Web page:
In­stead of send­ing pic­tures, visit doc­tors

The Free Press Journal - - ETCETERA -

Us­ing smart­phones to cap­ture pho­to­graphs of pa­tients’ eyes for check-up may lead to mis­di­ag­no­sis as cam­era colour sen­sors vary and as a re­sult, im­ages of the same eye may ap­pear dif­fer­ent de­pend­ing on the model of smart­phone used, warn re­searchers.

The study sug­gests that cal­i­bra­tion of phone cam­eras is vi­tal to cap­ture ac­cu­rate data. Eye ex­am­i­na­tions to look for red­ness in the eye can in­di­cate a va­ri­ety of con­di­tions in­clud­ing con­junc­tivi­tis, dry-eye dis­ease and tear-gland dys­func­tion.

Clin­i­cians in­creas­ingly use smart­phones in con­junc­tion with oph­thalmic imag­ing equip­ment, such as the eye­piece of a slit lamp, be­cause of their porta­bil­ity, ease of use and rel­a­tively low cost.

The con­nec­tiv­ity also al­lows for up­load to the Cloud, which is use­ful for telemedicine — the re­mote di­ag­no­sis and treat­ment of pa­tients us­ing telecom­mu­ni­ca­tions tech­nol­ogy — and Ar­ti­fi­cial In­tel­li­gence ap­pli­ca­tions that store thou­sands of im­ages from dif­fer­ent in­sti­tu­tions.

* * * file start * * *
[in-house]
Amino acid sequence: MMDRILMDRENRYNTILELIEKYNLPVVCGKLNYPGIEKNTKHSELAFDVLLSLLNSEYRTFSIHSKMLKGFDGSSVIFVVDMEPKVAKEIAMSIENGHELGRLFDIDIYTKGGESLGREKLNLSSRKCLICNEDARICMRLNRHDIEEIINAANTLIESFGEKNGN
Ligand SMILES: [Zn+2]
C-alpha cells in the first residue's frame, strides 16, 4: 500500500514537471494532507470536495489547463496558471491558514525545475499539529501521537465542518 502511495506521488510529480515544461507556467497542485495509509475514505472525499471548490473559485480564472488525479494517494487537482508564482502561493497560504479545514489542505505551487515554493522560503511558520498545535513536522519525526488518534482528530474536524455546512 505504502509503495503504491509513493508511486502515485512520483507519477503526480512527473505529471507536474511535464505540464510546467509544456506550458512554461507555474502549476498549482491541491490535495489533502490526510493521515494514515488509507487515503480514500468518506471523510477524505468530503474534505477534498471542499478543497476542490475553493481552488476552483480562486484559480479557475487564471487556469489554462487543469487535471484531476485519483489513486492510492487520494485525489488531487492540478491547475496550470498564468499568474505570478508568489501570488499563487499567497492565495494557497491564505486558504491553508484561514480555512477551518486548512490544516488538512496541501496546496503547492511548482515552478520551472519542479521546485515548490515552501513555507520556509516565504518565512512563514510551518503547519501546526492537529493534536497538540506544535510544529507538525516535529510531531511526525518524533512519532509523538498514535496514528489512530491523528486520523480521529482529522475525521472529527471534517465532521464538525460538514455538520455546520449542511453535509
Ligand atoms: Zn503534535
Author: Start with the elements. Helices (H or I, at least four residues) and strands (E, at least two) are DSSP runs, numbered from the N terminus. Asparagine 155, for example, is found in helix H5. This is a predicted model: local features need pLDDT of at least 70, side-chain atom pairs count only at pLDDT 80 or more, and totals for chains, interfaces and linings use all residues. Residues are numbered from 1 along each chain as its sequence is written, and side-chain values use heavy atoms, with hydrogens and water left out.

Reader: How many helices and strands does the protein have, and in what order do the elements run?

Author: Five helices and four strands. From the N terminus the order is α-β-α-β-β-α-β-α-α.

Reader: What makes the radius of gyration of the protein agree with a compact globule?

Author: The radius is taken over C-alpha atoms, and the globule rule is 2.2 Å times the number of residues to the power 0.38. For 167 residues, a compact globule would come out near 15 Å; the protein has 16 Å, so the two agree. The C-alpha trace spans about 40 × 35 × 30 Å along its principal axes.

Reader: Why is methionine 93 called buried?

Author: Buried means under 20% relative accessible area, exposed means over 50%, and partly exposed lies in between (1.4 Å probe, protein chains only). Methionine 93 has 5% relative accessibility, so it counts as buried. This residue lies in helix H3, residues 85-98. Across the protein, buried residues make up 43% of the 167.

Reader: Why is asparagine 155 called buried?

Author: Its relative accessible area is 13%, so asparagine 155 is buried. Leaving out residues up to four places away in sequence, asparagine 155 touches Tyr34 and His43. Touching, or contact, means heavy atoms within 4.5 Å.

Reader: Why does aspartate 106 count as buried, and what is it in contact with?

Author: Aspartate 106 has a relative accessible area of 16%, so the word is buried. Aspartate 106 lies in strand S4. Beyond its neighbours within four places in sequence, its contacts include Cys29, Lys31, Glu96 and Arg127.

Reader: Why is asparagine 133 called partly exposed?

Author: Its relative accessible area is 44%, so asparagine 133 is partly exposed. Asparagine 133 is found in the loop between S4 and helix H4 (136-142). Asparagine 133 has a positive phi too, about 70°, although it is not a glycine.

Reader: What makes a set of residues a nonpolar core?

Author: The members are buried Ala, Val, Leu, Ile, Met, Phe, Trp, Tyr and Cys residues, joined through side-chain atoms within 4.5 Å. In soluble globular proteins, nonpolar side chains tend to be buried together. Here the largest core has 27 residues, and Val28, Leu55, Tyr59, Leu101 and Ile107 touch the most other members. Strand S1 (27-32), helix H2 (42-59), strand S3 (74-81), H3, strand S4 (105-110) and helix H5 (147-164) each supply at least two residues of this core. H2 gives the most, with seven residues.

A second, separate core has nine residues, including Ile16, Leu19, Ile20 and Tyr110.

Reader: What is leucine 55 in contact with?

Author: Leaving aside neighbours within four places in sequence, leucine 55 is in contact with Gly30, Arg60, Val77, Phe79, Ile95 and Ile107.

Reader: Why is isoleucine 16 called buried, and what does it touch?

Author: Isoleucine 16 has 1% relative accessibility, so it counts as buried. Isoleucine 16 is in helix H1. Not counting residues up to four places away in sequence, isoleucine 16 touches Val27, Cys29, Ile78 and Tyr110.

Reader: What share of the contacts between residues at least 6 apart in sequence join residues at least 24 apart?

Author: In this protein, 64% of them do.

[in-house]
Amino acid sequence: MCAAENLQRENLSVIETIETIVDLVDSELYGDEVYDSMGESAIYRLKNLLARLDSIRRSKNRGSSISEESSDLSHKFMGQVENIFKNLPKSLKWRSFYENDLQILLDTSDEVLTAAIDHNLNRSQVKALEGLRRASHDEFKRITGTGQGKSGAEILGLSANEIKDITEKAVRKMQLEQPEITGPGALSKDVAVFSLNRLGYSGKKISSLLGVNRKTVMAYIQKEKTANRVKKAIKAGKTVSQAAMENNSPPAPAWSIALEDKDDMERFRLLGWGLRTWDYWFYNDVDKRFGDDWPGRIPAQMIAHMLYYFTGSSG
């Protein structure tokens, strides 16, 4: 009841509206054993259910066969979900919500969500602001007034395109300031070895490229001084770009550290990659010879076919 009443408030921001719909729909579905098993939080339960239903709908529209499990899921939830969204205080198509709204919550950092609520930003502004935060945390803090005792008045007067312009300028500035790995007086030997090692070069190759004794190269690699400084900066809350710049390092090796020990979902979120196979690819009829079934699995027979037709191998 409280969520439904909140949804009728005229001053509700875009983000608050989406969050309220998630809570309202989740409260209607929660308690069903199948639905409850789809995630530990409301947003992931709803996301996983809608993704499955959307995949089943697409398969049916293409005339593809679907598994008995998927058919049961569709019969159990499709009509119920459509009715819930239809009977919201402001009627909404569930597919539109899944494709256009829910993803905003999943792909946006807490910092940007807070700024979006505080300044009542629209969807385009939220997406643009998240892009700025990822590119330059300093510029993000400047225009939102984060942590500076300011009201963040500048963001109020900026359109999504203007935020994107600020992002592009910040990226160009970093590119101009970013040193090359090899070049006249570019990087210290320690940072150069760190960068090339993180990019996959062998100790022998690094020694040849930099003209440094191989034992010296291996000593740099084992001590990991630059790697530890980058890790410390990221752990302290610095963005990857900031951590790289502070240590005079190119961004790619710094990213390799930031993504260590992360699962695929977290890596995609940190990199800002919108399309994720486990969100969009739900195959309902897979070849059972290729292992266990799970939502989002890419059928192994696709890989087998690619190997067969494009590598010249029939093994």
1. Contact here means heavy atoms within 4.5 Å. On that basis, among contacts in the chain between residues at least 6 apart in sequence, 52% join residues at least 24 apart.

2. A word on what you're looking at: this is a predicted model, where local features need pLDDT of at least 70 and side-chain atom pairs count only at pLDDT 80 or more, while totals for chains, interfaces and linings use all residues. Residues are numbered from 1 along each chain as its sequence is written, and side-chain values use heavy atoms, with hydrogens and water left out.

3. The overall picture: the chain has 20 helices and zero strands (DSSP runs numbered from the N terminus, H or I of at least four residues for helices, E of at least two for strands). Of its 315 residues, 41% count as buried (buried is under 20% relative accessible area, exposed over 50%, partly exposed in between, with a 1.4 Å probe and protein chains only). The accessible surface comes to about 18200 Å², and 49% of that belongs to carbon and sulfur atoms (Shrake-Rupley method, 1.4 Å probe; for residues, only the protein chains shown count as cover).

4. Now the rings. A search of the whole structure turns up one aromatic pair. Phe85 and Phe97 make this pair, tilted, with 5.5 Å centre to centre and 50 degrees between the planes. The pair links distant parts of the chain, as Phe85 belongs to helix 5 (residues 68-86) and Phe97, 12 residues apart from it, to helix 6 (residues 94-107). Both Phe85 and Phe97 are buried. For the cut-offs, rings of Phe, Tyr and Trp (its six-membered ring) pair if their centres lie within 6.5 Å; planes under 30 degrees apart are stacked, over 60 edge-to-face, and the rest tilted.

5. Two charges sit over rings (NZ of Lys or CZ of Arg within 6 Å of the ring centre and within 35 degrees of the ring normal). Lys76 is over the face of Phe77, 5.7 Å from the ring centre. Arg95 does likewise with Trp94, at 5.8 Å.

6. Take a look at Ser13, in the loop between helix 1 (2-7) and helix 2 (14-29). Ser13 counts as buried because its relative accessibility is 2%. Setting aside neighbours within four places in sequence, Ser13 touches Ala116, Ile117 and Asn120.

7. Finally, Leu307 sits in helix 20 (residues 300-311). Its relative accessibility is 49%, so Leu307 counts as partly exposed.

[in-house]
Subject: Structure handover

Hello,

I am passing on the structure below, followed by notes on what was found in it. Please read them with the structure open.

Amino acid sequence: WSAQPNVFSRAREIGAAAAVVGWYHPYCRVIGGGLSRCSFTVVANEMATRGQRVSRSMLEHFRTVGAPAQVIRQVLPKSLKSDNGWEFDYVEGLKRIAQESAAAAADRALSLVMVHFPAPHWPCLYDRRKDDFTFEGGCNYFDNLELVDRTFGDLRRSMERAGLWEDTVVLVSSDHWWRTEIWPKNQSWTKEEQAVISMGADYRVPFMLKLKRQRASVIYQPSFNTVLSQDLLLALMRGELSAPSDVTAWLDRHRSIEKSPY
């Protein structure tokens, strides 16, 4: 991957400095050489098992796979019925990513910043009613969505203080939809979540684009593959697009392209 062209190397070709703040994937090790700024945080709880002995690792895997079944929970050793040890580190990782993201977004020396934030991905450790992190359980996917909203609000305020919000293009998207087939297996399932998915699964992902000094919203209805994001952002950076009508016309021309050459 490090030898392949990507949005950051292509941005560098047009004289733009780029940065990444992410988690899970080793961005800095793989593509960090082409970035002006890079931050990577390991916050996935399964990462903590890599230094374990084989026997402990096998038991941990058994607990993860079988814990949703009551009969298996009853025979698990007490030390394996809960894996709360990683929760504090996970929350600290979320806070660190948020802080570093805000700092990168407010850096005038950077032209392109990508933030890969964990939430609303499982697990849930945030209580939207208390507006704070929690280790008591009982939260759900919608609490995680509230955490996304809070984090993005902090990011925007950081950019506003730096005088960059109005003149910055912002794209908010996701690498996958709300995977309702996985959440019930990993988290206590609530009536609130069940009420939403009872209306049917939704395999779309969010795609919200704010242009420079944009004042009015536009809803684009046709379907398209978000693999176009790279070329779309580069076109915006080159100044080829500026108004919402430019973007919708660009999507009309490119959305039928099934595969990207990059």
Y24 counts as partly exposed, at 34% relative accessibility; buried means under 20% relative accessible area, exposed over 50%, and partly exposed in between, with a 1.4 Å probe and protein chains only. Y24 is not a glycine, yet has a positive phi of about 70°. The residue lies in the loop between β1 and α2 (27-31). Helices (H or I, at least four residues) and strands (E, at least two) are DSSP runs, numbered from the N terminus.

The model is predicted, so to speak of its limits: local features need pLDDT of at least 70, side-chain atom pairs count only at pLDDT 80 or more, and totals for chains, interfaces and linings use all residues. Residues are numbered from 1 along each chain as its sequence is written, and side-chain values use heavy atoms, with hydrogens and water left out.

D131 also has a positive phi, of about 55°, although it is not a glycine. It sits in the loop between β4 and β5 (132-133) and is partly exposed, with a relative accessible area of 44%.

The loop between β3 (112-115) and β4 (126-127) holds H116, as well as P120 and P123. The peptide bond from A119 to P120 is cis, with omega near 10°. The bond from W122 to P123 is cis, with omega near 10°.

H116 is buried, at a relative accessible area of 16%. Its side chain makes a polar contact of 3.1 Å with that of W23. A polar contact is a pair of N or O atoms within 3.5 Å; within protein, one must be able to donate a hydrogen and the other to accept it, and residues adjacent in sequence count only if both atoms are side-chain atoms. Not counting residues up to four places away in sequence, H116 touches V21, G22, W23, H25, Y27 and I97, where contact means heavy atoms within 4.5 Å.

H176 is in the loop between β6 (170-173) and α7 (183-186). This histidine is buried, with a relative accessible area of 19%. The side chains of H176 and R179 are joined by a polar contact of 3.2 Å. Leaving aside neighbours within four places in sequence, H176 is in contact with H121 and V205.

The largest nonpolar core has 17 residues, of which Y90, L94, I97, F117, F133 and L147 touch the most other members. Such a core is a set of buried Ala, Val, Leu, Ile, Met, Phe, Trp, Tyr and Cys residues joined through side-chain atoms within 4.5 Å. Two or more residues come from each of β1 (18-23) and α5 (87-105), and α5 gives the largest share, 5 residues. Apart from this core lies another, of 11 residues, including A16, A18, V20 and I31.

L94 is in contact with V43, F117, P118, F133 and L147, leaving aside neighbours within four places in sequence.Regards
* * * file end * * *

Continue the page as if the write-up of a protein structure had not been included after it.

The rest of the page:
How­ever, the aut­o­fo­cus al­go­rithms and hard­ware spec­i­fi­ca­tions of cam­eras may be dif­fer­ent for dif­fer­ent man­u­fac­tur­ers which means dif­fer­ent cam­eras can pro­duce dif­fer­ent re­sults for the same scene. “It is im­por­tant that clin­i­cians bear this in mind,” said lead study au­thor Car­les Otero from Anglia Ruskin Uni­ver­sity in Eng­land. For the study, the re­searchers took 192 im­ages of eyes us­ing three smart­phone cam­eras, two dif­fer­ent light­ing lev­els and two zoom lev­els.

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